Closing arguments are finished in the trial of the Binbrook man charged with fatally shooting a Six Nations man on his property in February 2016.
Peter Khill pleaded not guilty to second-degree murder, saying he thought Jonathan Styres was armed with a gun when he shot him in his driveway at about 3 a.m. on February 4, 2016.
Styres was allegedly trying to steal Khill’s pick-up truck and died as a result of two shotgun blasts — one to his chest and another to his right shoulder.
Over the past two and a half weeks, the jury, which started with 14 jurors and is now down to 12, heard from a number of witnesses and experts, including the police officers who arrived on the scene that night, a ballistics expert, and a forensic psychiatrist.
During his closing submissions, Khill’s defense attorney, Jeffrey Manishen, argued that he fired in self-defence and genuinely feared for his life and the life of his then-girlfriend, now-wife.
“This was a case of self-defence,” said Manishen. “It’s a belief that he honestly held, it’s an action that he took out of a concern for his own well-being. It was a terrifying, imminent threat that he preceded.”
Manishen referenced testimony from an expert who said Khill’s military training and background likely impacted his response.
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He also pointed out that Khill tried to perform CPR on Styres after shooting him.
“When he acted the way he did outside — with respect to the use of the firearm in the tragic fashion he did — he did so to save his own life. Immediately thereafter, his conduct was to try and save the life of Mr. Styres.”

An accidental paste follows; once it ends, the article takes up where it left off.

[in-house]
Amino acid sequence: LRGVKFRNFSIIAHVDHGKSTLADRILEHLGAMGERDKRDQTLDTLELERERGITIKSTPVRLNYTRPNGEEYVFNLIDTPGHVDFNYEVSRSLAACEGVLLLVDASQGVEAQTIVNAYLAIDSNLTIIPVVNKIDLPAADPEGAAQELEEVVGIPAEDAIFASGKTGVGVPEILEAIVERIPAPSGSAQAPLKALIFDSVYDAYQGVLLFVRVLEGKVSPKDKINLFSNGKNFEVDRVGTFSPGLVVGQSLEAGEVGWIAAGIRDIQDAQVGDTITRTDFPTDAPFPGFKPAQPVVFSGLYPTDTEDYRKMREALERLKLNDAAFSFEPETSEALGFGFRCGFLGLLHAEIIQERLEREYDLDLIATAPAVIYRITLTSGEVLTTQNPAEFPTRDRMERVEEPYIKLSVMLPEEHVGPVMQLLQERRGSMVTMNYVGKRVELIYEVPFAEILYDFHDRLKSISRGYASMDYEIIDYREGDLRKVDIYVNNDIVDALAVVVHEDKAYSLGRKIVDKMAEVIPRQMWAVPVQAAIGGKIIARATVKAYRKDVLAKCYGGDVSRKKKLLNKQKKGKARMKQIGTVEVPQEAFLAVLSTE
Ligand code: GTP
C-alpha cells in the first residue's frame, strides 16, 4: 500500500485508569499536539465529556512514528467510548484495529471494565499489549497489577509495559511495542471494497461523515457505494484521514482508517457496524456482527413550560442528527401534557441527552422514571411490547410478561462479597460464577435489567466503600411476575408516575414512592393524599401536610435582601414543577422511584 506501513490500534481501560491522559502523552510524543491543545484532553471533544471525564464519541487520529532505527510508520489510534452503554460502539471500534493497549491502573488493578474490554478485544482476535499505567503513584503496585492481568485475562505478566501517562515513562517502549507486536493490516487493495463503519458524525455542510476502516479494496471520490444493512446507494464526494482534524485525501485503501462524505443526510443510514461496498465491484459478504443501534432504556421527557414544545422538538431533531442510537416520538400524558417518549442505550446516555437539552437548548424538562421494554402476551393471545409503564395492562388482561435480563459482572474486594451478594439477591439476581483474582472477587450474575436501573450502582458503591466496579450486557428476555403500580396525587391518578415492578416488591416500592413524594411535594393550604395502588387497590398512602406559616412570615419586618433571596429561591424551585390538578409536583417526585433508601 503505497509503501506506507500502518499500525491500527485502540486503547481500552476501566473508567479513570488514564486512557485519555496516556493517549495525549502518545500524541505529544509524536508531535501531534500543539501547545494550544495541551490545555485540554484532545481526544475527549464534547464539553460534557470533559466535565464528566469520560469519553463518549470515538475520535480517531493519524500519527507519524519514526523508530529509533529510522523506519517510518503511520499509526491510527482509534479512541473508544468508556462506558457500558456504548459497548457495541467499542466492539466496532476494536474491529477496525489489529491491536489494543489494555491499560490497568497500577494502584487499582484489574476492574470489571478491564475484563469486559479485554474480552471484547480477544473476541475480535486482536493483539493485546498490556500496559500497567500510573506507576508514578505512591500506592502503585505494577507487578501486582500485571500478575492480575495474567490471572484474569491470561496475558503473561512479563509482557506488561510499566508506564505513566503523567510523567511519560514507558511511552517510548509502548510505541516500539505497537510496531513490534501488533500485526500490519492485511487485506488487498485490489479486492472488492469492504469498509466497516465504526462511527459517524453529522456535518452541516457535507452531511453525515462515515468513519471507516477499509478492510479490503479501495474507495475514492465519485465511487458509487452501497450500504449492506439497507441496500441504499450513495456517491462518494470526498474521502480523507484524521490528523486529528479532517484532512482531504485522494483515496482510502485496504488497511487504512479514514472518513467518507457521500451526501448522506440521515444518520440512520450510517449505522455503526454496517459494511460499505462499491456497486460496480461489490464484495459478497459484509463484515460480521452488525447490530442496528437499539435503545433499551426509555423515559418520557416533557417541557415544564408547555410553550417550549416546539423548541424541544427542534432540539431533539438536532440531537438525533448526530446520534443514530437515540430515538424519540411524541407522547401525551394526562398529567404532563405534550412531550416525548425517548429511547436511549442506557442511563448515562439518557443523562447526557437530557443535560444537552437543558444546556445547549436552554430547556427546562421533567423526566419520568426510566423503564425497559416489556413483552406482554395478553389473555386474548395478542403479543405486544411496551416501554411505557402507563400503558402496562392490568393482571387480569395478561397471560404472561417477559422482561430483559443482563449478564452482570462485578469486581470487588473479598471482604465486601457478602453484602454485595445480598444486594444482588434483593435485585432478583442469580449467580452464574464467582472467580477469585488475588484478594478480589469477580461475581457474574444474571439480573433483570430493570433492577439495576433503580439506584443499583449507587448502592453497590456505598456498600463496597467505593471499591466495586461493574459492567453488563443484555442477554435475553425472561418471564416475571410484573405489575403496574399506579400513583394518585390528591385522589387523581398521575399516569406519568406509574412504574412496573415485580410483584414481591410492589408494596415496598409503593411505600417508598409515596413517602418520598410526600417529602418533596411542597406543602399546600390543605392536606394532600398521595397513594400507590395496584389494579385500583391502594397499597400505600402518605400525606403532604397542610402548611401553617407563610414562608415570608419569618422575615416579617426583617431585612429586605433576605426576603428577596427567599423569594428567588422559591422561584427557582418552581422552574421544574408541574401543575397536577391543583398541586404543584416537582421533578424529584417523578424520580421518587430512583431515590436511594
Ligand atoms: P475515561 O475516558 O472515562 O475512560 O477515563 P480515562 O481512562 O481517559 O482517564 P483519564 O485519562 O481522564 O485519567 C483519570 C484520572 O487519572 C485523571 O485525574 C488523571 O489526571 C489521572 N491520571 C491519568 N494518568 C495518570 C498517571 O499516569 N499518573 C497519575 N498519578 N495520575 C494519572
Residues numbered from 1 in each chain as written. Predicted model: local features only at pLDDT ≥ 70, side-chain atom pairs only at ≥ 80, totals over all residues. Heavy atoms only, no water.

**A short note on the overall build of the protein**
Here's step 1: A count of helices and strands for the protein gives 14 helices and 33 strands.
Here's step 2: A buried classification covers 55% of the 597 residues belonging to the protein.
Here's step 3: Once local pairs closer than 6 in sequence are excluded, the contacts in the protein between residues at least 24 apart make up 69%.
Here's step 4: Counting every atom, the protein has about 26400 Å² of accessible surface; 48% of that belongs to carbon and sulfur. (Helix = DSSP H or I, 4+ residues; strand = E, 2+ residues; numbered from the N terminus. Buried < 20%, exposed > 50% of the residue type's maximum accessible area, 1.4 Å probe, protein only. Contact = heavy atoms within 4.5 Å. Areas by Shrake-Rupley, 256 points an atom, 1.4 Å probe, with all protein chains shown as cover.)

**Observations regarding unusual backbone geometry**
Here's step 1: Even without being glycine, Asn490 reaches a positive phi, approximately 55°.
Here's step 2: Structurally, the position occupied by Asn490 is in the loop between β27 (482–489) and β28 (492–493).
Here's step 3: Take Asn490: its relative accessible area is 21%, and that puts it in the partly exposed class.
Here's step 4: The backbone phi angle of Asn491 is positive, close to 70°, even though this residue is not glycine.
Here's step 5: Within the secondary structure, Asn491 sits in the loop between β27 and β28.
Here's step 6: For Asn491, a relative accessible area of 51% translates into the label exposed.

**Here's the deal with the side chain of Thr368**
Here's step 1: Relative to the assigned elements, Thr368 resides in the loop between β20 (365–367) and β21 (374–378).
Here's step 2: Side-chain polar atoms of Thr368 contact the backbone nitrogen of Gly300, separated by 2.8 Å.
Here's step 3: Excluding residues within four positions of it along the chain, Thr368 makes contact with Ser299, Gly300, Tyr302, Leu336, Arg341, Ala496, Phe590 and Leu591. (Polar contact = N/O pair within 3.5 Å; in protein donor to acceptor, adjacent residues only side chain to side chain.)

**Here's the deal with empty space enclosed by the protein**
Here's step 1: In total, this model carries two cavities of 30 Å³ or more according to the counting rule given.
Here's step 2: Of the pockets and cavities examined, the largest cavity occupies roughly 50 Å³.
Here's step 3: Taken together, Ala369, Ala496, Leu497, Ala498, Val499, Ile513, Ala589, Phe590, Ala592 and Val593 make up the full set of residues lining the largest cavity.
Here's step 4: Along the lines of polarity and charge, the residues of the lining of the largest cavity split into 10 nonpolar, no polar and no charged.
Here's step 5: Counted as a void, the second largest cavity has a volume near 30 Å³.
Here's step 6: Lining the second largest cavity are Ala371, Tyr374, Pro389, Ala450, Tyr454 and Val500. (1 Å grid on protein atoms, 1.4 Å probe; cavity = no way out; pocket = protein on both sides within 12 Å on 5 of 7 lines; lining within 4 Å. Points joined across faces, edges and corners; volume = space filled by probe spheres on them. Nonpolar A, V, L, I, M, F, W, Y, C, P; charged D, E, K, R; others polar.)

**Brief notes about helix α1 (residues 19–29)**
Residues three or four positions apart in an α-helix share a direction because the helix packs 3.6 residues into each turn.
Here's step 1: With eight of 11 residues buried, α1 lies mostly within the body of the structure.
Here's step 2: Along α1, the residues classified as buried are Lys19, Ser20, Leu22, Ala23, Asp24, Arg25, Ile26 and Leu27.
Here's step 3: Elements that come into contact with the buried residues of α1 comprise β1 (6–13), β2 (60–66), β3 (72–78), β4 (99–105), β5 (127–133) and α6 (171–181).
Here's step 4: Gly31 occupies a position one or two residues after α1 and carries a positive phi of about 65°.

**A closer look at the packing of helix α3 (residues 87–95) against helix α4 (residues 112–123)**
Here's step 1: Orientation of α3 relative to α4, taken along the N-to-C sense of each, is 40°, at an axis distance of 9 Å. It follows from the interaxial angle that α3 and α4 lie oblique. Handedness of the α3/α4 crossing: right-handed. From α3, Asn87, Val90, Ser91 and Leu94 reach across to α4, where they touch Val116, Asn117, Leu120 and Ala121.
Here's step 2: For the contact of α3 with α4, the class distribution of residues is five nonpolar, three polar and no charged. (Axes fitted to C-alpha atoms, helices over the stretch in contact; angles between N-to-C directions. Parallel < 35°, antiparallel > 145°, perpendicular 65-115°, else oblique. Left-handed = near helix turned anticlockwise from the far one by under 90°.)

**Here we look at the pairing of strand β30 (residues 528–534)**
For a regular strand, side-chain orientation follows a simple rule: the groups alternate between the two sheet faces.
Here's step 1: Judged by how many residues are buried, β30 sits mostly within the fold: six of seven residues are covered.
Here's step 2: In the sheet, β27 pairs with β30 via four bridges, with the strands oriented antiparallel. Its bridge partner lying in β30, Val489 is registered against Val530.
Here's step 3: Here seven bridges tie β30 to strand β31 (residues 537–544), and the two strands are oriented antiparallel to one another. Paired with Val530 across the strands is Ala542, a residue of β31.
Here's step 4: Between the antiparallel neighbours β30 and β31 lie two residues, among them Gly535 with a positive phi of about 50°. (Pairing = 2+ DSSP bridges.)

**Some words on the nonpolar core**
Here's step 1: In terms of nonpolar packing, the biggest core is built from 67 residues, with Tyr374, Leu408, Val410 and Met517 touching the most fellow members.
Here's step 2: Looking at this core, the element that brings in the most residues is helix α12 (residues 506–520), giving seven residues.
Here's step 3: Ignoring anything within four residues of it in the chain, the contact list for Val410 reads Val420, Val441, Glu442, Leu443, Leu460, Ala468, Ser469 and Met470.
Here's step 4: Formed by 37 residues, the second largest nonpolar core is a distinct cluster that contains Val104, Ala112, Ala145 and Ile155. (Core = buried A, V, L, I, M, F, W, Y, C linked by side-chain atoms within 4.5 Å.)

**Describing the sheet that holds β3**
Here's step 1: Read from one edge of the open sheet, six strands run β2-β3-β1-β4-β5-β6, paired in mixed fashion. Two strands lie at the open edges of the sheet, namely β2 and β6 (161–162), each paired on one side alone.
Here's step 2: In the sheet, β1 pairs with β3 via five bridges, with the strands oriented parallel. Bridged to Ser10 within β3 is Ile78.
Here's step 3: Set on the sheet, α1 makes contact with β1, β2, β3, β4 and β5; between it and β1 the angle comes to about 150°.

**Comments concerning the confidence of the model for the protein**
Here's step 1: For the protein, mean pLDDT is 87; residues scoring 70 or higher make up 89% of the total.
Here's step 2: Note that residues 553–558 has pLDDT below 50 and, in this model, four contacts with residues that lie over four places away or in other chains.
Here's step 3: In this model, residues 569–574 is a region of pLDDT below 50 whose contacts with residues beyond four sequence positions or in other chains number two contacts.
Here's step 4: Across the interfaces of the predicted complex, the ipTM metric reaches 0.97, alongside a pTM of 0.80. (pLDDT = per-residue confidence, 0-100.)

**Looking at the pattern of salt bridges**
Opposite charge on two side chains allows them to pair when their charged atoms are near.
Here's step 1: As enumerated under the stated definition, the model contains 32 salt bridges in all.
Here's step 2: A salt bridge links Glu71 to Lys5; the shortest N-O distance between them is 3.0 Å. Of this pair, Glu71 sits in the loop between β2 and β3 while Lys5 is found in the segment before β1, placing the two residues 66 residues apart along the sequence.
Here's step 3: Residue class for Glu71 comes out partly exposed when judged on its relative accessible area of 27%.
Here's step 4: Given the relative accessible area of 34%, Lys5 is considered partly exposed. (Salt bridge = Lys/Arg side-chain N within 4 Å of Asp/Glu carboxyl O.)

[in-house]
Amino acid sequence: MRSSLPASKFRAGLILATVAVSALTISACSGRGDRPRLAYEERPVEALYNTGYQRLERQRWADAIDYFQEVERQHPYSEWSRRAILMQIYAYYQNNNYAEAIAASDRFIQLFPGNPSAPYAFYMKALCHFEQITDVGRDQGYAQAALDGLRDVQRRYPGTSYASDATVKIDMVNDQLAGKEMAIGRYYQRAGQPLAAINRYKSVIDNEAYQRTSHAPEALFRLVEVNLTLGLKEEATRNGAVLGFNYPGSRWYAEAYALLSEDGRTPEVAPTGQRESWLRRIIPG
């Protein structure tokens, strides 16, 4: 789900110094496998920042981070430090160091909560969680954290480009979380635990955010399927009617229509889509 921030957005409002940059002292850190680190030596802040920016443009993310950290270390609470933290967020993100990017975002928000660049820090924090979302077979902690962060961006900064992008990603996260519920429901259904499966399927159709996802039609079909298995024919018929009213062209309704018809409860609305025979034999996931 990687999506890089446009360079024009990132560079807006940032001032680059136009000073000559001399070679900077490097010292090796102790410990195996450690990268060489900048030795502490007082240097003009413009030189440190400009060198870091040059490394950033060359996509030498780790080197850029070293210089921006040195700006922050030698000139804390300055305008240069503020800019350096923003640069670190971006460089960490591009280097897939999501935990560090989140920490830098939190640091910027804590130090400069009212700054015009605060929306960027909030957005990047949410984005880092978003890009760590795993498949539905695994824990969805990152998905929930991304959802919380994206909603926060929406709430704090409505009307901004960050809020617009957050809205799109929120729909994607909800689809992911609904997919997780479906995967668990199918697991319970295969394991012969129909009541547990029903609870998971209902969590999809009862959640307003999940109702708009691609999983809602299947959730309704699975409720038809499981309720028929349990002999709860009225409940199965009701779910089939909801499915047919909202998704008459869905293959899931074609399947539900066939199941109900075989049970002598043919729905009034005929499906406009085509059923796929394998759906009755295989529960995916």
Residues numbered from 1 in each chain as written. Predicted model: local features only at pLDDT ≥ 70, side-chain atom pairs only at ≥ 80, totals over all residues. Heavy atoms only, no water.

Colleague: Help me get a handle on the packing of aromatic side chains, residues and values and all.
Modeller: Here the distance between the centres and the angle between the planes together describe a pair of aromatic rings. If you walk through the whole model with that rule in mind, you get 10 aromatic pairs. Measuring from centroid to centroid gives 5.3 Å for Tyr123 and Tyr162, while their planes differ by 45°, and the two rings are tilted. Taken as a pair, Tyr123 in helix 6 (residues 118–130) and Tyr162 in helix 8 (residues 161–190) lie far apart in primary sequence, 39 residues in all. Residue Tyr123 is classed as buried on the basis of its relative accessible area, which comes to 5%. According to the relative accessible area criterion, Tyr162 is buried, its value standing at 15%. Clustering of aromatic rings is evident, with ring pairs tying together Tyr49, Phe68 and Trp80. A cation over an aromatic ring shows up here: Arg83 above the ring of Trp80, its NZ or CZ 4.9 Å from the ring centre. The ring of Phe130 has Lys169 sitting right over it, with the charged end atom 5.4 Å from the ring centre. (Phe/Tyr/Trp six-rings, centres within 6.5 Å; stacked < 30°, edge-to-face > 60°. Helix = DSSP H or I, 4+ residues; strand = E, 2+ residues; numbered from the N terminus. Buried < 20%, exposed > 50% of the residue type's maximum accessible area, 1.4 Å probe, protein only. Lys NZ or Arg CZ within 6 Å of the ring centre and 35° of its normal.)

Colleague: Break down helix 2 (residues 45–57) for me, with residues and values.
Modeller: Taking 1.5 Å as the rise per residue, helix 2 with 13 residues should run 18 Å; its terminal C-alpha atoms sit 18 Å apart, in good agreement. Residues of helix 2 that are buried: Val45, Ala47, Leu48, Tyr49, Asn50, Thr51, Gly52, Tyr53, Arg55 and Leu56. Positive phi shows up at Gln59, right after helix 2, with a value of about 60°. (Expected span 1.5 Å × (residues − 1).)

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Crown attorney Peter McDermott’s closing argument focused on reminding the jury to consider all of the evidence as a whole, and how all of the steps Khill took that night were deliberate and resulted in the fatal shooting.
He acknowledged that Styres shouldn’t have been trying to steal Khill’s truck but said that didn’t justify him being shot and killed.
“What happened here is what Peter Khill decided was going to happen,” he told the jury. “It had nothing to do with self-defence.”
“If you come at someone within twelve feet, or four or five, with a loaded shotgun … and you load it with two shells and you shoot both of them at close range at a human being, that’s second-degree murder. That is an intentional killing.”
McDermott said Khill had the opportunity to call 911 but actively chose to confront Styres outside while armed.
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He also argued that being trained as a soldier doesn’t give Khill any additional justification for fatally shooting Styres and added that the fact that he shot him twice demonstrates that it was more than self-defence.
Justice Andrew Goodman began delivering his charge to the jury on Wednesday and will continue instructing them on Thursday morning.
The not-guilty verdict in Khill’s first trial in 2018 was overturned by an Ontario Court of Appeal due to how that judge instructed the jury.
“The trial judge failed to instruct the jury to consider Mr. Khill’s conduct during the incident leading up to the shooting of Mr. Styres when assessing the reasonableness of that shooting,” Justice David Doherty wrote in a unanimous decision that was upheld by the Supreme Court in 2021.